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Volume 1; Issue 11

The Editor's Corner -- December 1, 2002
 

A warm welcome to each of our past, and new subscribers!


In this month's edition:

Featured Article - The History of Acupuncture & Moxibustion
Our Sponsor - Zen Garden Tea Tree & Verbena
Traditional Formula of the Month - Blood Pressure Formula
Chinese Medicinal Herb of the Month - Du Zhong

As we prepare our final edition for 2002, we would like to take a moment to thank all of you for continuing to support our various publications, websites, and our goal of developing an interactive community focused on alternative methods of healing. We have achieved many of our hopes for this past year, and look forward to continuing these efforts on your behalf. The best of the season to all of you, from all of us at the A World of Health Network!


If you're a new subscriber, you may have missed previous, equally interesting, and informative editions of The TCM Journal. As such, we have assembled an archives area to allow review of past issues and articles, which is located here.

Check below for the usual links to TCM related news articles that we have assembled for your perusal, and don't forget to check on the right to see if your name is mentioned as this month's lucky winner of a $50 shopping certificate!

Explore the Journal, and discover what the ancient practice of TCM can do for you. As always, we openly invite your feedback and special requests, and look forward to developing the journal to meet your requirements.

Your needs continue to be our sole inspiration.

Sincerely,

The TCM Journal Editors
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Our Featured Article
 
An Abbreviated History of Acupuncture & Moxibustion
by Michael S. Kaplan, PhD.

The science of acupuncture and moxibustion is a subject dealing with the prevention and treatment of diseases by needling and moxibustion methods. For thousands of years it has been accepted by the general Chinese population as an effective curative method for a wide range of indications, beaus of its simple application, low-cost and safety, among its other attributes.

Acupuncture and moxibustion are an important component of traditional Chinese medicine with a long history. As early as the new stone age in China, primitive human beings used the bian stone, the earliest acupuncture instrument, to treat diseases. Needles made of bone and bamboo appeared during the period of development of production techniques.

After the development of metal casting techniques, metal medical needles, such as bronze, iron, gold and silver needles were used. At present, stainless-steel needles are widely used by most western practitioners in the form of sterilized disposable needles of various gauges, determined by body type and reactivity.

read the entire article>>>


Featured Newsletter Sponsor

Zen Garden Tea Tree & Verbena

A collection of highly sought after
bath & body products scented with
the oils of tea tree & verbena...

Presented the Zen Garden line, revered for its high quality lotions, bath products, and oils. This maker of the popular Tea & Oranges collection has now released the invigorating Tea Tree & Verbena line.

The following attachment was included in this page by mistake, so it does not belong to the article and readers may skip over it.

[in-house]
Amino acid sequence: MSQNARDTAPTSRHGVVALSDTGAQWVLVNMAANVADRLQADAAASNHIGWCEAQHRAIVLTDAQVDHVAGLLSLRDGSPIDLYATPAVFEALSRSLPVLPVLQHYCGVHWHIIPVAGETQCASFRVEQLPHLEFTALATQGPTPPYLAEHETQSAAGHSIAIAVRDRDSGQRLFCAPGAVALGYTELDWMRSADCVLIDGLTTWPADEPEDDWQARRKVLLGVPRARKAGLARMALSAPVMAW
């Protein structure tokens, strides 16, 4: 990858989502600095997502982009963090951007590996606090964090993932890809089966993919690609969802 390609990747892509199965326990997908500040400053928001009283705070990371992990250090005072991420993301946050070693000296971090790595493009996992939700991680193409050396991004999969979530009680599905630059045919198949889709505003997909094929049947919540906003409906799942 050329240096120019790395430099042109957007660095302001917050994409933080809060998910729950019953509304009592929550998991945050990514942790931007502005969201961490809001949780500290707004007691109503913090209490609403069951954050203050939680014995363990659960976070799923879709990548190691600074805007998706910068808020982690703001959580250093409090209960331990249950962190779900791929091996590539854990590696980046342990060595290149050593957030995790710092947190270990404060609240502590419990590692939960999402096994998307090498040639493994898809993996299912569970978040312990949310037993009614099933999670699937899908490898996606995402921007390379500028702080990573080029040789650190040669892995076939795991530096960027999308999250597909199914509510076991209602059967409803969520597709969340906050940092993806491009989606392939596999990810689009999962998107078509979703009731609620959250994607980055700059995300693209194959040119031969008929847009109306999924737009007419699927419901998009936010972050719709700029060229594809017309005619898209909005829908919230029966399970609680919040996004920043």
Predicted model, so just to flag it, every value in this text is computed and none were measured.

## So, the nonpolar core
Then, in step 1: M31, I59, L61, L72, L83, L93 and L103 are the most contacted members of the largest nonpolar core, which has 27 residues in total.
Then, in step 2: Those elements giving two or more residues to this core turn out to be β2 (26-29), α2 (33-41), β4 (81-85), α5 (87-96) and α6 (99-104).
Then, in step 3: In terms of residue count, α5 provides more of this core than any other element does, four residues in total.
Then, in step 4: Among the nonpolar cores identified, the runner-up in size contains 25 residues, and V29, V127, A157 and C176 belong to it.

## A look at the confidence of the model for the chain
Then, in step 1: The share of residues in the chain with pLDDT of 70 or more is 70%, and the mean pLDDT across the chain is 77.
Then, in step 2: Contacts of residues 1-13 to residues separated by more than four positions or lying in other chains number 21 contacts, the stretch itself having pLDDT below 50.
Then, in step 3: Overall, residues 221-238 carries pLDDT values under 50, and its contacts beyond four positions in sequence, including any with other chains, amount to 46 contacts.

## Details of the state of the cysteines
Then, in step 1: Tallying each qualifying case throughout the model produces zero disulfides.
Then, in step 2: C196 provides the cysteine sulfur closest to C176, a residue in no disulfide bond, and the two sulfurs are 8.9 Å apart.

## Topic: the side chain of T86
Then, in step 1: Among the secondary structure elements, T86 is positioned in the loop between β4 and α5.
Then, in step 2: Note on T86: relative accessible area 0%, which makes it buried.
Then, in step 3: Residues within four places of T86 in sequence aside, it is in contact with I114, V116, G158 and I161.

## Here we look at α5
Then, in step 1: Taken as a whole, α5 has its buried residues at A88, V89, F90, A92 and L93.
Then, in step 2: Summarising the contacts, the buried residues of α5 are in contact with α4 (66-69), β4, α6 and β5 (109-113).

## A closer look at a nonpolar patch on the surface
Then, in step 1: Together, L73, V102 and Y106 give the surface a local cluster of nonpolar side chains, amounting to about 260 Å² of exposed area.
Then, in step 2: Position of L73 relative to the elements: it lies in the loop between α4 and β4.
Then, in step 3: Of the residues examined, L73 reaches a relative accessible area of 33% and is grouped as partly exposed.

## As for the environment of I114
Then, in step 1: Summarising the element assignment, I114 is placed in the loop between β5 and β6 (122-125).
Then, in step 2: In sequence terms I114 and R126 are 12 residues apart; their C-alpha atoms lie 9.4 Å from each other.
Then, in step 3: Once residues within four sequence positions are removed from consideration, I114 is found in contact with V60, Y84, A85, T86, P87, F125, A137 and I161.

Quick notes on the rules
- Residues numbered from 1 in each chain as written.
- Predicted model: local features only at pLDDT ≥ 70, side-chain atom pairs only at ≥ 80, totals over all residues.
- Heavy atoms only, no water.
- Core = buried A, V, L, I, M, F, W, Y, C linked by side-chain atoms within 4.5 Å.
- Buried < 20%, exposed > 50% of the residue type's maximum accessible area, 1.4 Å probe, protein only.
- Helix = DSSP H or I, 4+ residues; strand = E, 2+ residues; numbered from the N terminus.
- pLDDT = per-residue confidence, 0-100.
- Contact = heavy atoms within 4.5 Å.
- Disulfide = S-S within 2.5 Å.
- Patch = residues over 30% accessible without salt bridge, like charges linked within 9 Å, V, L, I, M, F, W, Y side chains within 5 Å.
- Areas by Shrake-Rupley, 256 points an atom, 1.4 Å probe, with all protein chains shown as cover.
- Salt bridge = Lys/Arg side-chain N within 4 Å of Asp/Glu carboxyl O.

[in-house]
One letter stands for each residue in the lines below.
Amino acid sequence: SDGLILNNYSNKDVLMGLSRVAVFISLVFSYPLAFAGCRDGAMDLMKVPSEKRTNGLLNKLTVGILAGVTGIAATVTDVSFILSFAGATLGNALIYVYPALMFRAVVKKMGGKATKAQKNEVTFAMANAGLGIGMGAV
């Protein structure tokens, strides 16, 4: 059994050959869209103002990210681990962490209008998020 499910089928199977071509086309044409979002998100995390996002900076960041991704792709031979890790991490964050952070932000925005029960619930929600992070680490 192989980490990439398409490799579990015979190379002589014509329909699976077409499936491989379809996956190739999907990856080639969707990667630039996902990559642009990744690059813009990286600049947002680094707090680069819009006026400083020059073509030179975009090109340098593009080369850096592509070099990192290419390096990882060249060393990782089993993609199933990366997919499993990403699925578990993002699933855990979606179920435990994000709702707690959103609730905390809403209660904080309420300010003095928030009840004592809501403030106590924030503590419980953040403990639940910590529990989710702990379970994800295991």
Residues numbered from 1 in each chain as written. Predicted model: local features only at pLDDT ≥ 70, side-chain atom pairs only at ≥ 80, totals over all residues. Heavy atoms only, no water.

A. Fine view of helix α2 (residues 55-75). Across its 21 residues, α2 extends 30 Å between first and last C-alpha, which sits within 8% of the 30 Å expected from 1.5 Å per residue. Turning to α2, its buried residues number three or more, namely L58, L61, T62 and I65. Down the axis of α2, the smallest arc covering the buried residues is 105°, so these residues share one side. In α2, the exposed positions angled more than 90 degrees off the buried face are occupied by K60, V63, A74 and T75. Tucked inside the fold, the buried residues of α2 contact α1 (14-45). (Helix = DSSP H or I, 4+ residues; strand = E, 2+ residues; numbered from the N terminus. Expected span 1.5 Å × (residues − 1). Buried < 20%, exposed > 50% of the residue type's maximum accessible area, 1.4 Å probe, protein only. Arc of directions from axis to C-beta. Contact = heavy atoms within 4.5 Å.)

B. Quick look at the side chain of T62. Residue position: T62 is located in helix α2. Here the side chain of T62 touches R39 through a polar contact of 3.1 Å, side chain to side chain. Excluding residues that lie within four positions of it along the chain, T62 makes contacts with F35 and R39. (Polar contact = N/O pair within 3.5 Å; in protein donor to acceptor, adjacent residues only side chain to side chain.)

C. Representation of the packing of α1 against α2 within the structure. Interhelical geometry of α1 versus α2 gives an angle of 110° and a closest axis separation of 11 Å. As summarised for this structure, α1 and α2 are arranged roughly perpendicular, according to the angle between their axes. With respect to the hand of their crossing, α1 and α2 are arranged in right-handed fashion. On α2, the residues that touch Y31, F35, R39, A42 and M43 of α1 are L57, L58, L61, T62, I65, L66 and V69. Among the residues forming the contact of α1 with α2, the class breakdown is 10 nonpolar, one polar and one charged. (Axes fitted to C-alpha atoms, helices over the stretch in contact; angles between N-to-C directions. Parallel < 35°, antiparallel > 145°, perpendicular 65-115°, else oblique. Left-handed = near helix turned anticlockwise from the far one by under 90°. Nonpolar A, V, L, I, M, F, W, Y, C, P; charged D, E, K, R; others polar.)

View all Zen Garden bath & body products today...


Featured Traditional Formula

Blood Pressure Formula

A traditional chinese formula
that assists in the natural control
of blood pressure concerns...

Blood Pressure Formula by Ridgecrest Herbals is a combination of TCM formulations, and homeopathic ingredients said to be highly effective in stabilizing blood pressure concerns.

Try Blood Pressure Formula today...


Chinese Medicinal Herb of the Month

Pinyin: Du Zhong

Latin: Cortex Eucommia ulmoides
Component of: Blood Pressure Formula
Western Medical View:
Indicated for such disorders as hypertension, impotence, lumbago, pain in the joints, frequent urination, weak sinews and bones, fatigue, spermatorrhea, and to prevent miscarriage.
Eastern Medical View:

Thought to tonify yang, kidneys, and liver, the herb is said to be sweet, acrid, and warm, and enters the body through the liver and kidney channels.

General Overview:

Du Zhong is a superb kidney and liver tonic; it enhances the vital essence and vital energy. It is recognized as one of China's preeminent tonic herbs and was discussed second only to Panax Ginseng in the first pharmacopoeia of China, that of Shen Nung, written about three thousand years ago.

The bark of a temperate zone rubber tree, Du Zhong has received tremendous attention in China, and by US drug companies. It has been found to contain an active principle that may be the most effective drug for treating, and perhaps preventing, high blood pressure.

The drug is collected from April to June, removed from its coarse outer layer, piled up until the inner surface becomes purplish brown, and dried in the sun.

Pharmacological Actions:

The herb has a direct dilatory action on the vascular musculature.

The herb has been shown to have an impact on blood vessels, at low dosage producing dilatation of the coronary and renal blood vessels.

In one study, two hundred and fifty cases of hypertension at various stages were exposed to a thirty day dose of Du Zhong. A marked improvement was documented in 125 cases, with an aggregate effective rate of 80% in the reduction in diastolic pressure.

 

"No one can see their reflection in running water...

It is only in still water that we can see."

Taoist Proverb

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